Hajj hacks they won’t teach you


I went to hajj in 2017. As most hajji’s will tell you, the pilgrimage is one of the most amazing and memorable experiences a Muslim can accomplish in their lifetime. It’s also quite challenging, and it will push you physically, mentally, emotionally and spiritually. The best thing for future hajji’s to do is to prepare well in all these aspects. 

Every year we equip many customers with the appropriate clothes, books and accessories for hajj/umrah (find some of them here, we’ve got more in store). During my shifts, I love to give extra tips to our customers that I learnt from my own experience at hajj. You probably won’t find these in your usual books or lectures. Let’s just call them…

Anisa’s Hajj Hacks!

Before hajj

  • Don’t enter hajj confused: Make sure you understand each step of hajj (read this book) and don’t rely too much on following your organisers as you may become lost or separated.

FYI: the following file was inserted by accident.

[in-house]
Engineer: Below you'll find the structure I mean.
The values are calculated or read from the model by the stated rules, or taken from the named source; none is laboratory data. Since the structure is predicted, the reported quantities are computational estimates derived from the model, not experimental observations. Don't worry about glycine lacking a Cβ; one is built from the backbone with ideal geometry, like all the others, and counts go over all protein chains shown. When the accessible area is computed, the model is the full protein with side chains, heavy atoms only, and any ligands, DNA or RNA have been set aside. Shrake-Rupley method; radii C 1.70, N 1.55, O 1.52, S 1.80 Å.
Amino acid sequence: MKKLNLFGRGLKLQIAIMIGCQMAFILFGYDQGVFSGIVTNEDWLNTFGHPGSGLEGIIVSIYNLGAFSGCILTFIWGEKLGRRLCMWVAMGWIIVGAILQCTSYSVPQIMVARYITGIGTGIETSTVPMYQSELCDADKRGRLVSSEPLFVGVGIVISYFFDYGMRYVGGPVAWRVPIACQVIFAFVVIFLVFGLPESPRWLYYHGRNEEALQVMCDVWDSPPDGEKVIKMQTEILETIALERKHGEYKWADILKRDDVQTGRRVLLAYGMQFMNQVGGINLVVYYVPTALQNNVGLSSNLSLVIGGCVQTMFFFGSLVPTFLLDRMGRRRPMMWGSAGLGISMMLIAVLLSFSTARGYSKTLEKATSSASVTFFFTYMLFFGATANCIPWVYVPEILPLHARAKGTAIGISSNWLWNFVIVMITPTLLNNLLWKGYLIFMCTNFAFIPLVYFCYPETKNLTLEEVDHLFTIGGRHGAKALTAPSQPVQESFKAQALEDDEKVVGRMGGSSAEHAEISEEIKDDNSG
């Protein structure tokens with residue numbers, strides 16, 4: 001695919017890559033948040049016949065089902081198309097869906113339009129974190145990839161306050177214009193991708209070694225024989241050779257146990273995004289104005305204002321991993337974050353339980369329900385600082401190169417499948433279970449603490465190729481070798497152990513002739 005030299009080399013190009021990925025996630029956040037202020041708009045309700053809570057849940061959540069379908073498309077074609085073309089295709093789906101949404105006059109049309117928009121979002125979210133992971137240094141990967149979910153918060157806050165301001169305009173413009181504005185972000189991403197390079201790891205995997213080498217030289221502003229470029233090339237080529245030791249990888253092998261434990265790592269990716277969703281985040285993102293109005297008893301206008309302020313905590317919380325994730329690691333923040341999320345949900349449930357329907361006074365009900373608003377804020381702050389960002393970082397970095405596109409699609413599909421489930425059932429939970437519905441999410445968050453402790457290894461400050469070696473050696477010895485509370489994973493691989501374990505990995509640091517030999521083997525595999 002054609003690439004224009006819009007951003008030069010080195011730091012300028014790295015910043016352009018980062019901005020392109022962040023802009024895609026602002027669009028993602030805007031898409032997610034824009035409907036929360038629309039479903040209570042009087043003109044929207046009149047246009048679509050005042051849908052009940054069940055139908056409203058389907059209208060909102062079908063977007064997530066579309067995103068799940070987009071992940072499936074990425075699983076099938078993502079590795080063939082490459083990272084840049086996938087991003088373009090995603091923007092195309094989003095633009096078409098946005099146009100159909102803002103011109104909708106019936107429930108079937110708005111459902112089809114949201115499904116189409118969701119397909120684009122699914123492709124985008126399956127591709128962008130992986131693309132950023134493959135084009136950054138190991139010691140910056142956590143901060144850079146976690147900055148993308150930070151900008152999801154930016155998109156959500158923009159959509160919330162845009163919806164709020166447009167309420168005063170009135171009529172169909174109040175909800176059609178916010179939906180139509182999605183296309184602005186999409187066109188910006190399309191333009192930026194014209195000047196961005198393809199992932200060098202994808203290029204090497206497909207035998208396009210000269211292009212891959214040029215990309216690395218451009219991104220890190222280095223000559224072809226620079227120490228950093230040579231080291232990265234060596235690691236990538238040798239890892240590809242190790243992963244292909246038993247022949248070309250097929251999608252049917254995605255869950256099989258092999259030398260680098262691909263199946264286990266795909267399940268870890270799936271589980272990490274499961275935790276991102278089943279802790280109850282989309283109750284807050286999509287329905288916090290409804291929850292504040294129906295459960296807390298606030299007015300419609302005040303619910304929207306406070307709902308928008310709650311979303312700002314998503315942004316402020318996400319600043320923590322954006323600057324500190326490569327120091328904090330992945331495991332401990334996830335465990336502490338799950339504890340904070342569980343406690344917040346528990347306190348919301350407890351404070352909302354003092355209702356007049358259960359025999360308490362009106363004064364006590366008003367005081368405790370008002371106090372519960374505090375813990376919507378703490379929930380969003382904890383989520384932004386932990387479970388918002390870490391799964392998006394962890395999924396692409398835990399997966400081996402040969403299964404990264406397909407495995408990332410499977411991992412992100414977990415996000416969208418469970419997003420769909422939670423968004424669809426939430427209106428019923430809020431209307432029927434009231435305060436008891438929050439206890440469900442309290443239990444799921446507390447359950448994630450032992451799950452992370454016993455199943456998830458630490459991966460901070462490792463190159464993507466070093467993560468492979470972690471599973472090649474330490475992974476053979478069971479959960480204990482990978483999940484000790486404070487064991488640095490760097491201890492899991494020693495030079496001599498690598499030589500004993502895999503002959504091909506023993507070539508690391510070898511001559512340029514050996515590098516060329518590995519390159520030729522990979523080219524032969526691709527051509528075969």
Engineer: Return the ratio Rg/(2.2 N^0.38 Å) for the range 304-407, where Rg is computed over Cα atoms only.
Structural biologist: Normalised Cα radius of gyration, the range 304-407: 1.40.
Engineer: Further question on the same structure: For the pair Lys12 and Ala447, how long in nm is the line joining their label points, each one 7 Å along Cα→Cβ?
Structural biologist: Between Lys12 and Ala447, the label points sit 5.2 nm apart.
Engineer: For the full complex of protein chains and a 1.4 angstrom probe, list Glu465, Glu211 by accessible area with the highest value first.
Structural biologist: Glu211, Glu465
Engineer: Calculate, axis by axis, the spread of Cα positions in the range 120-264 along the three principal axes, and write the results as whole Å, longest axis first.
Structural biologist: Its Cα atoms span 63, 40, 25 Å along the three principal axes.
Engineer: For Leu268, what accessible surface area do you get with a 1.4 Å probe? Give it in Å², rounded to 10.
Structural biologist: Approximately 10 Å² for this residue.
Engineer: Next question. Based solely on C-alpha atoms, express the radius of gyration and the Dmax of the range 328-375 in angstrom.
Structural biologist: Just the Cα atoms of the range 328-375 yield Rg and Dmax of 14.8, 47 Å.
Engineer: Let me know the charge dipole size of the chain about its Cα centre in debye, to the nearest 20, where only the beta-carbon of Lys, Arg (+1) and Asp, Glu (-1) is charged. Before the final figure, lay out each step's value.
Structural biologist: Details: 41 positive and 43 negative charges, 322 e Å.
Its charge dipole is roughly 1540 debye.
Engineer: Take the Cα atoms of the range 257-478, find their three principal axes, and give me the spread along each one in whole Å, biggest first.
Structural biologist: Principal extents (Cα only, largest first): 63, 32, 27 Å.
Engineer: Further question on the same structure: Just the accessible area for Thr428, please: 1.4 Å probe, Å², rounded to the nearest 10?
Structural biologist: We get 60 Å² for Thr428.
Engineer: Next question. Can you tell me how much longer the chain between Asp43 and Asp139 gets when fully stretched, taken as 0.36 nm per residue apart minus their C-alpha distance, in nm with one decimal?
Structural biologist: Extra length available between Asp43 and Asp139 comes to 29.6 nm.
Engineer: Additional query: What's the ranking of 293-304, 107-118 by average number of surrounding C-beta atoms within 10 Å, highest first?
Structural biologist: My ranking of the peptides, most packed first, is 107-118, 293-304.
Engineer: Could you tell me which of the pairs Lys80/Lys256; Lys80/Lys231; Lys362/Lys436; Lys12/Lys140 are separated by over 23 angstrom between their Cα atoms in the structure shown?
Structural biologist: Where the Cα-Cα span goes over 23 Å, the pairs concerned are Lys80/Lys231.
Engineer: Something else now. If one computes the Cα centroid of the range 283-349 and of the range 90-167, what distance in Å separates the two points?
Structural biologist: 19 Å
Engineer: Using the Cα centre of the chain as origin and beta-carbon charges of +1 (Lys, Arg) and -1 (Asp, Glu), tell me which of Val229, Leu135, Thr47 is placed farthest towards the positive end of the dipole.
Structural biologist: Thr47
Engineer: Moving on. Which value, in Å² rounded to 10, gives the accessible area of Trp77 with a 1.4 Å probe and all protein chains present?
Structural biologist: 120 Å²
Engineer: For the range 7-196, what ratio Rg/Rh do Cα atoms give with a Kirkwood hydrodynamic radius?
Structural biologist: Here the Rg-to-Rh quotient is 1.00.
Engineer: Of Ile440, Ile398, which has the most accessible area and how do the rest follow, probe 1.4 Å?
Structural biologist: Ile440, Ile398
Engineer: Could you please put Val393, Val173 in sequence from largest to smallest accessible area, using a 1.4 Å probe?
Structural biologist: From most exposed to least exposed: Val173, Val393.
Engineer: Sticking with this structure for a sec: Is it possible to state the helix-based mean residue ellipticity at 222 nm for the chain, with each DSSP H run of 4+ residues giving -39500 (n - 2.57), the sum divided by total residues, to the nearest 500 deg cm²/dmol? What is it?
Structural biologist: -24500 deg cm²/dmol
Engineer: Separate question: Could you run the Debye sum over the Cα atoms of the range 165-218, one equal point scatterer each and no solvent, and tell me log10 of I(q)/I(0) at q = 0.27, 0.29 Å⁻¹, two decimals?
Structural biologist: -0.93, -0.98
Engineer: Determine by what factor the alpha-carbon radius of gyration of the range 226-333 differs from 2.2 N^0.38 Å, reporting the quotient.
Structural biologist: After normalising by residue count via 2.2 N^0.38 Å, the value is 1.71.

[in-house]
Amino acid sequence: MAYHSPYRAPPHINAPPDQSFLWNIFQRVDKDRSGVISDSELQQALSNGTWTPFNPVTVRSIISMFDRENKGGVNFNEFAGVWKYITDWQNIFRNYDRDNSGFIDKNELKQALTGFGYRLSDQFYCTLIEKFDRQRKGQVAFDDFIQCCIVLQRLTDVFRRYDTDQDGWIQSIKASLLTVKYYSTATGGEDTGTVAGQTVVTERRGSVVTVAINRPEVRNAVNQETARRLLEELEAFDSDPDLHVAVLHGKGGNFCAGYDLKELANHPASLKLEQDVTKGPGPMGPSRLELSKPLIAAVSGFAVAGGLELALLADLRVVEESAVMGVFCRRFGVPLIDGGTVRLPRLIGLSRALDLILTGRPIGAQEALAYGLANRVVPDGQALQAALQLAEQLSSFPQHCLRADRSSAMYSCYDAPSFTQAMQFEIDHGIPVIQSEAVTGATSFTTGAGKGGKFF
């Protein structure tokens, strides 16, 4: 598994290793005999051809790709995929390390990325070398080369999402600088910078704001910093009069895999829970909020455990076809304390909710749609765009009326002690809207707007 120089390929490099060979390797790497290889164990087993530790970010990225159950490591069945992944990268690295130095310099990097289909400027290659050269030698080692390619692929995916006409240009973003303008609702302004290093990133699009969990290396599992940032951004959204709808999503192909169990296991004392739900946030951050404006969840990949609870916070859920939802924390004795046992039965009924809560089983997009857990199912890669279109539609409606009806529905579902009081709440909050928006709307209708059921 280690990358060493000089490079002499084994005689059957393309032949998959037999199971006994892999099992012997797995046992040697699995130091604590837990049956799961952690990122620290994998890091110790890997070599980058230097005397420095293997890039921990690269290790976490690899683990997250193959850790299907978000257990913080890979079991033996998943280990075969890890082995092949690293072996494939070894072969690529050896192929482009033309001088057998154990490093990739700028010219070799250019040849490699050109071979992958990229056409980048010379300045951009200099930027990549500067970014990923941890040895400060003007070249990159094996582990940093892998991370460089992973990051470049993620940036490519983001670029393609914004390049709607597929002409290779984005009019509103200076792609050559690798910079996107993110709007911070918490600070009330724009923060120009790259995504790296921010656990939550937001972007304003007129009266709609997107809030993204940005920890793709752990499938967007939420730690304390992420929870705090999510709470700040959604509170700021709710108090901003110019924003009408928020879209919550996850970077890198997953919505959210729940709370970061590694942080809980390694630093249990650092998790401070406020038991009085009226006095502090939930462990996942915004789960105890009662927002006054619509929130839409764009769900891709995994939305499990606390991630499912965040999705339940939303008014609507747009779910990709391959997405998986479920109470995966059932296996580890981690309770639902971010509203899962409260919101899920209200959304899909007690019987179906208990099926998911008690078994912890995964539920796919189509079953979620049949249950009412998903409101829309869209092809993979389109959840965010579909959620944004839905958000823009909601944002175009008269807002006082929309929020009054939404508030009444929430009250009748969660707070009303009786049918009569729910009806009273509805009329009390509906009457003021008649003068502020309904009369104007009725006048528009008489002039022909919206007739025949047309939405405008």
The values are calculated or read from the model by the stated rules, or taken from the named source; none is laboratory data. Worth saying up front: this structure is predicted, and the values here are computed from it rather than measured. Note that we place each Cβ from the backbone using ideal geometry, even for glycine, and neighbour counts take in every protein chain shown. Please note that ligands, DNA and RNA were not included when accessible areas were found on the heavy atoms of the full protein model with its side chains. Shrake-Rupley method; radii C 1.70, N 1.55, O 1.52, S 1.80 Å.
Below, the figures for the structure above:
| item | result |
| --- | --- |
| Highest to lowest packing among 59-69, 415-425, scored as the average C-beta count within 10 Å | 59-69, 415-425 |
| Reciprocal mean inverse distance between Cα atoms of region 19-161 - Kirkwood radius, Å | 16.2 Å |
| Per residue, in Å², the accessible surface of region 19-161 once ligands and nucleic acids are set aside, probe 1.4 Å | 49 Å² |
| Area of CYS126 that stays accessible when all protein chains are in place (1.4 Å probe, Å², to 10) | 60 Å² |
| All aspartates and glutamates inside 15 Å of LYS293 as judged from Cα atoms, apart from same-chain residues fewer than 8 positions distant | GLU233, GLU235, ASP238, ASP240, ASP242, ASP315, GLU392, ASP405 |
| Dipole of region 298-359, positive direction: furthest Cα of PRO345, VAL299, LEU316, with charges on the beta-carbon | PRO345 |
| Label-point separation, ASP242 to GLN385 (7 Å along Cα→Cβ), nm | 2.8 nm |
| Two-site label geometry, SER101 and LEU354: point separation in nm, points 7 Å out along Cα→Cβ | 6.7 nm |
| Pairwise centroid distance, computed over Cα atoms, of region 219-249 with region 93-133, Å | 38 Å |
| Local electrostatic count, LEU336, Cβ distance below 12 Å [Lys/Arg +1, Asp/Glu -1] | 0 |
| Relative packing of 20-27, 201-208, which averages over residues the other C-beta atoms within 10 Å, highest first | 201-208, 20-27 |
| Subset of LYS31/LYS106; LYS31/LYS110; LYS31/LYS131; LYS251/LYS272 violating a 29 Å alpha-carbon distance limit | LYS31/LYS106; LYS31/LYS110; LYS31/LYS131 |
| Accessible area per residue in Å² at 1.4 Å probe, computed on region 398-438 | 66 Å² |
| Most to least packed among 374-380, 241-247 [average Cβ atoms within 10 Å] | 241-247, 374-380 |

• Get used to walking long distances: The walk from your tent in Mina to the jamarat (the stoning wall) is very, very long. Combined with the soaring midday heat, even the fittest of us were tired by the end of it. So start exercising and walking now in preparation.

During the hajj

  • Don’t talk too much: Now is not the time to socialise and looking back, I feel I wasted too much time chatting with others. That can wait till after hajj. Instead, bring a book or read the Qur’an.
  • You don’t need your phone: Aside from letting your family know that you’re safe, keep technology to a minimum, and cut out social media completely. You can tell them about your adventures when you get back.
  • Take electrolyte: This will help you deal dehydration and fluid loss due to the heat and excessive sweating.
  • Wear thin cotton socks at all times. The ground gets dirty & dusty.


  • Try to avoid the toilets: It’s estimated that there is one toilet for every 200 people and it’s quite literally a hole in the ground. They WILL be dirty. You will inevitably have to use them, but this is what I did to reduce the need to frequent the toilets: 

This is an excerpt of a blog I wrote for EMAAN, you can find the rest of it here.

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